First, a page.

Helen Gifford

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These works come from a beautiful leather-bound album of flower and plant studies by Helen Gifford. With the word ‘botany’ on the spine and cover, the album is signed on the title page and dated 1861 (please note, the album itself and the inscription inside it are not included with the work). Some pages bear the watermark ‘J. Whatman, Turkey Mill 1851.’

Most of the highly detailed watercolour studies of flowers and fruit in the album are accompanied by extensive botanical notes. As a lengthy inscription inside the album makes clear, these notes follow the so-called ‘natural system’ of the French botanist Antoine Laurent de Jussieu, which came to displace the ‘sexual system’ of Linnaeus. Instead of ordering plant families by their number of stamens and styles, the ‘natural system’ grouped them according to shared characteristics in their flowers and fruits.

The paintings were made during what must have been a turbulent time for Helen Gifford. Her father was John Attersoll Gifford, a solicitor who took to drink, retired early, and lived on his mother's private income, until her death in 1860. The family then had to make economies, and Helen had to work as a governess. With a frequently drunk and unpredictable father at home, the orderliness of botanical classification may have appealed to her.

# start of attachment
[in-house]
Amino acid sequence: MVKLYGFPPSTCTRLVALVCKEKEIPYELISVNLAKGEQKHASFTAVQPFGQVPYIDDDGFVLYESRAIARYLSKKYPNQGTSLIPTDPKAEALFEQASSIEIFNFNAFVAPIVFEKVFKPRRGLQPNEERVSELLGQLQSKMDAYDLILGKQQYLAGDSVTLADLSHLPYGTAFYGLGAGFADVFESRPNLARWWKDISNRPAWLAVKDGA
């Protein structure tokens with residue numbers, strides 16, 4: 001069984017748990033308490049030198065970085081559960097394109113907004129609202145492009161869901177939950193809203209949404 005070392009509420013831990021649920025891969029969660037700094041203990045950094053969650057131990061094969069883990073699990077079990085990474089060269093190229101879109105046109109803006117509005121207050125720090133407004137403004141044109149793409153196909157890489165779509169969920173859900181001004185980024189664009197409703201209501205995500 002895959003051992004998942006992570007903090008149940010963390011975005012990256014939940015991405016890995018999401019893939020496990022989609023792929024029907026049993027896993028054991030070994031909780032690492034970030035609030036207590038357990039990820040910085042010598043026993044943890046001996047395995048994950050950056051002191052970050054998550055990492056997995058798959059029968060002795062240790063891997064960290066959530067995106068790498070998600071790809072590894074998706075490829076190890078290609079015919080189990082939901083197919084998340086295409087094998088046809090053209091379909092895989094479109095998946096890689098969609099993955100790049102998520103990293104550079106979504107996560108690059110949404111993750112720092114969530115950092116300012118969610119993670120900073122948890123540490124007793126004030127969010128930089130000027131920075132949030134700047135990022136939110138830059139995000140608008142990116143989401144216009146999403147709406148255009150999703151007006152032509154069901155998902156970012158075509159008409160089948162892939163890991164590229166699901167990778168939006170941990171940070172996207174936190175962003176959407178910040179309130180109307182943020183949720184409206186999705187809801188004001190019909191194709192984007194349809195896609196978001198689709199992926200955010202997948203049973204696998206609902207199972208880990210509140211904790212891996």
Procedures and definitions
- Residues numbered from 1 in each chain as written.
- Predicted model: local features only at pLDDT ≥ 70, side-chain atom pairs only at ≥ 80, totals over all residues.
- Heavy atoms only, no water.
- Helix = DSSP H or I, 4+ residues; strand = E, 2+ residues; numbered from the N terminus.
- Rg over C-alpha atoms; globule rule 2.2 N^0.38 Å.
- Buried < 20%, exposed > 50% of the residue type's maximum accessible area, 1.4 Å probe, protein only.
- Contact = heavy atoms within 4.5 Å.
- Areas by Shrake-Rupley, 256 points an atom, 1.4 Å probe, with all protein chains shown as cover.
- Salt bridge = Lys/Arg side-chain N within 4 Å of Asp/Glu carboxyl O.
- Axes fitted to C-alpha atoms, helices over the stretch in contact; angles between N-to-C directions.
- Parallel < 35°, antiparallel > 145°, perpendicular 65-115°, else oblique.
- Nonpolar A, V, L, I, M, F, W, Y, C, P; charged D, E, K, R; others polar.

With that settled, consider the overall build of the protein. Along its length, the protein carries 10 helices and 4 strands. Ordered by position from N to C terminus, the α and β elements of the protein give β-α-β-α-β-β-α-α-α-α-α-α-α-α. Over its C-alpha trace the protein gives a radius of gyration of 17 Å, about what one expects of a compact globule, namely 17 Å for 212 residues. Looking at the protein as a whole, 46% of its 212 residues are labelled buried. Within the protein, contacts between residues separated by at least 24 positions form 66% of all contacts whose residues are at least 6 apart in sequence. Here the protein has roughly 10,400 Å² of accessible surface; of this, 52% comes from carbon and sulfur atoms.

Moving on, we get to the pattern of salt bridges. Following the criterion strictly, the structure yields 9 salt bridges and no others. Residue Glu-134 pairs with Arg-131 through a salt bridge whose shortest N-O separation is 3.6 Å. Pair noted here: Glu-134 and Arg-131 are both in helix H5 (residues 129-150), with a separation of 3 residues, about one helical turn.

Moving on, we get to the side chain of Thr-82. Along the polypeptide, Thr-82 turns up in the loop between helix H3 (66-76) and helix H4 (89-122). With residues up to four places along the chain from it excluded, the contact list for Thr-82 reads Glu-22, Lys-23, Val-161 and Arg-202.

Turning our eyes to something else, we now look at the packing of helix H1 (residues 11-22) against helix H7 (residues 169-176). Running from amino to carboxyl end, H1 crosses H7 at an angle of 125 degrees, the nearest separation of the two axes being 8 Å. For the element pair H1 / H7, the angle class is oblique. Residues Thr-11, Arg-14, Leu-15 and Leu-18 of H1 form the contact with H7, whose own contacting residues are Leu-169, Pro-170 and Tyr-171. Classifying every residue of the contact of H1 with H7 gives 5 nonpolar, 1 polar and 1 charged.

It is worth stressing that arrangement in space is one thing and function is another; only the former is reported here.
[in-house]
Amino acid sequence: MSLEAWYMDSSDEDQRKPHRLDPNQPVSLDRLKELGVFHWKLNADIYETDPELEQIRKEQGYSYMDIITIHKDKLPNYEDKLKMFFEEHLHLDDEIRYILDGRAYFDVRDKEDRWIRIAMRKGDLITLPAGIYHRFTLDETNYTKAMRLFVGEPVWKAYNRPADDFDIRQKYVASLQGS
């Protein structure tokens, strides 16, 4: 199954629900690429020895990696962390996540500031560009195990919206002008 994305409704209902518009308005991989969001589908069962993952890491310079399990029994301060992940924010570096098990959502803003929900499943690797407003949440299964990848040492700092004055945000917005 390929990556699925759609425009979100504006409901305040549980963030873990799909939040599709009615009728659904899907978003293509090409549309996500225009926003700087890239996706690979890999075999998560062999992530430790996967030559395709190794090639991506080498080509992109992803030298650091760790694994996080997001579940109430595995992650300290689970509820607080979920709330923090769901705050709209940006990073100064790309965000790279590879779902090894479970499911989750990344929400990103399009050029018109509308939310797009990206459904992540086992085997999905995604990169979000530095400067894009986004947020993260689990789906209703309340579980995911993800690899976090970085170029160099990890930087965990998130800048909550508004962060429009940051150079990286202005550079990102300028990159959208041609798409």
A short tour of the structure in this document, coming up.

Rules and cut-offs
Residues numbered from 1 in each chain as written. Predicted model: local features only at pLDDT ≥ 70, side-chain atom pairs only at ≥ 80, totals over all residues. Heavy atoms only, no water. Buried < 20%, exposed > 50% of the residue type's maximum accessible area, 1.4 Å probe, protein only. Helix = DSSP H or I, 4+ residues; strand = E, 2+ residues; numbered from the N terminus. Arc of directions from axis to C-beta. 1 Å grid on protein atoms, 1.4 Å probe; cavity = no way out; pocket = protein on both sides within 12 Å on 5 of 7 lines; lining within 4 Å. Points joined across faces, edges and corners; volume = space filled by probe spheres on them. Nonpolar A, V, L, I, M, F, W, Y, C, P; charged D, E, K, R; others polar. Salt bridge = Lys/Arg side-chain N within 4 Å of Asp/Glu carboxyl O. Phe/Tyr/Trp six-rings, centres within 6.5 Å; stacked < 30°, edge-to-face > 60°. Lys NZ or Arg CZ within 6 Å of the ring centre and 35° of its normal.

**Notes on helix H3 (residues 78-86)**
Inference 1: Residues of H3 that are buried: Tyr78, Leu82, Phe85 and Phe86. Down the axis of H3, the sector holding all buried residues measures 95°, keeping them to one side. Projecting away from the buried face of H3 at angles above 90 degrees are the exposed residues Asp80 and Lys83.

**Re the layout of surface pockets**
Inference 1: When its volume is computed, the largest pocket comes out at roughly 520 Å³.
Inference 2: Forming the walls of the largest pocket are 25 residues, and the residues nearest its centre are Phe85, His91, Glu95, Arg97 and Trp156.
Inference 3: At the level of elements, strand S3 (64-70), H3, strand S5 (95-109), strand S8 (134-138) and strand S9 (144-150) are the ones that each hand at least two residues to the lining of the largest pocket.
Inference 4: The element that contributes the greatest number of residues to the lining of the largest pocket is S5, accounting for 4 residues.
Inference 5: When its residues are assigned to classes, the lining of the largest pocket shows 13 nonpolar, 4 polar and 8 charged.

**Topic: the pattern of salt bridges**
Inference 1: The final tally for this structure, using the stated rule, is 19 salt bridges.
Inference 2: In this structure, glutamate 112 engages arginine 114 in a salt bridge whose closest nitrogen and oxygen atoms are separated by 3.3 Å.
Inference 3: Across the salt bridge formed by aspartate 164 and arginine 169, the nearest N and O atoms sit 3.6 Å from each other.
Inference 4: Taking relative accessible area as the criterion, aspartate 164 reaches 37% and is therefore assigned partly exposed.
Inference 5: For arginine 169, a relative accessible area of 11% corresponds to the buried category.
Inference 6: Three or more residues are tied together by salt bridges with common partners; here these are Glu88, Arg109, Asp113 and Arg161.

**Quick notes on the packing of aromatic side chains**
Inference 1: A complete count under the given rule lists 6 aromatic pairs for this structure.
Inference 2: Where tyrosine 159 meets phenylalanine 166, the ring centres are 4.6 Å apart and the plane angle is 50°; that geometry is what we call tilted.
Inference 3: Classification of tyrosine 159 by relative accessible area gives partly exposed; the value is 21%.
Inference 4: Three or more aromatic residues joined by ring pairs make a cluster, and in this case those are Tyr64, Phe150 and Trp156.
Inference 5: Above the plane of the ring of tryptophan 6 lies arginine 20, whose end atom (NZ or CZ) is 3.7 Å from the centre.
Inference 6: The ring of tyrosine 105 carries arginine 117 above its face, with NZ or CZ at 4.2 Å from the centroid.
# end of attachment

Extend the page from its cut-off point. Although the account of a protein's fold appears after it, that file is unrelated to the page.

In 1868 Helen Gifford was able to escape the pressures of her father’s house, when she married the Reverend Caddell Holder (who was thirty-five years older than her), and moved into the rectory in St Juliot in Cornwall.

Today, Helen Gifford is best known because of a series of events that happened shortly after her marriage. Her husband’s church needed to be repaired, and a young architect named Thomas Hardy was hired to supervise the work. Helen Gifford set to work arranging a match between this young man and her sister Emma, who had also sought refuge from her father by staying at St Juliot. Hardy and Emma were soon married, and when Hardy eventually turned his hand to writing, he would fictionalise their courtship in his third novel, A Pair of Blue Eyes.

Thomas and Emma Hardy’s marriage was not to be a happy one, however, and so Helen Gifford is at least partly responsible for the theme of ill-judged marriages and incompatible spouses, which runs through the work of one of Britain’s greatest novelists.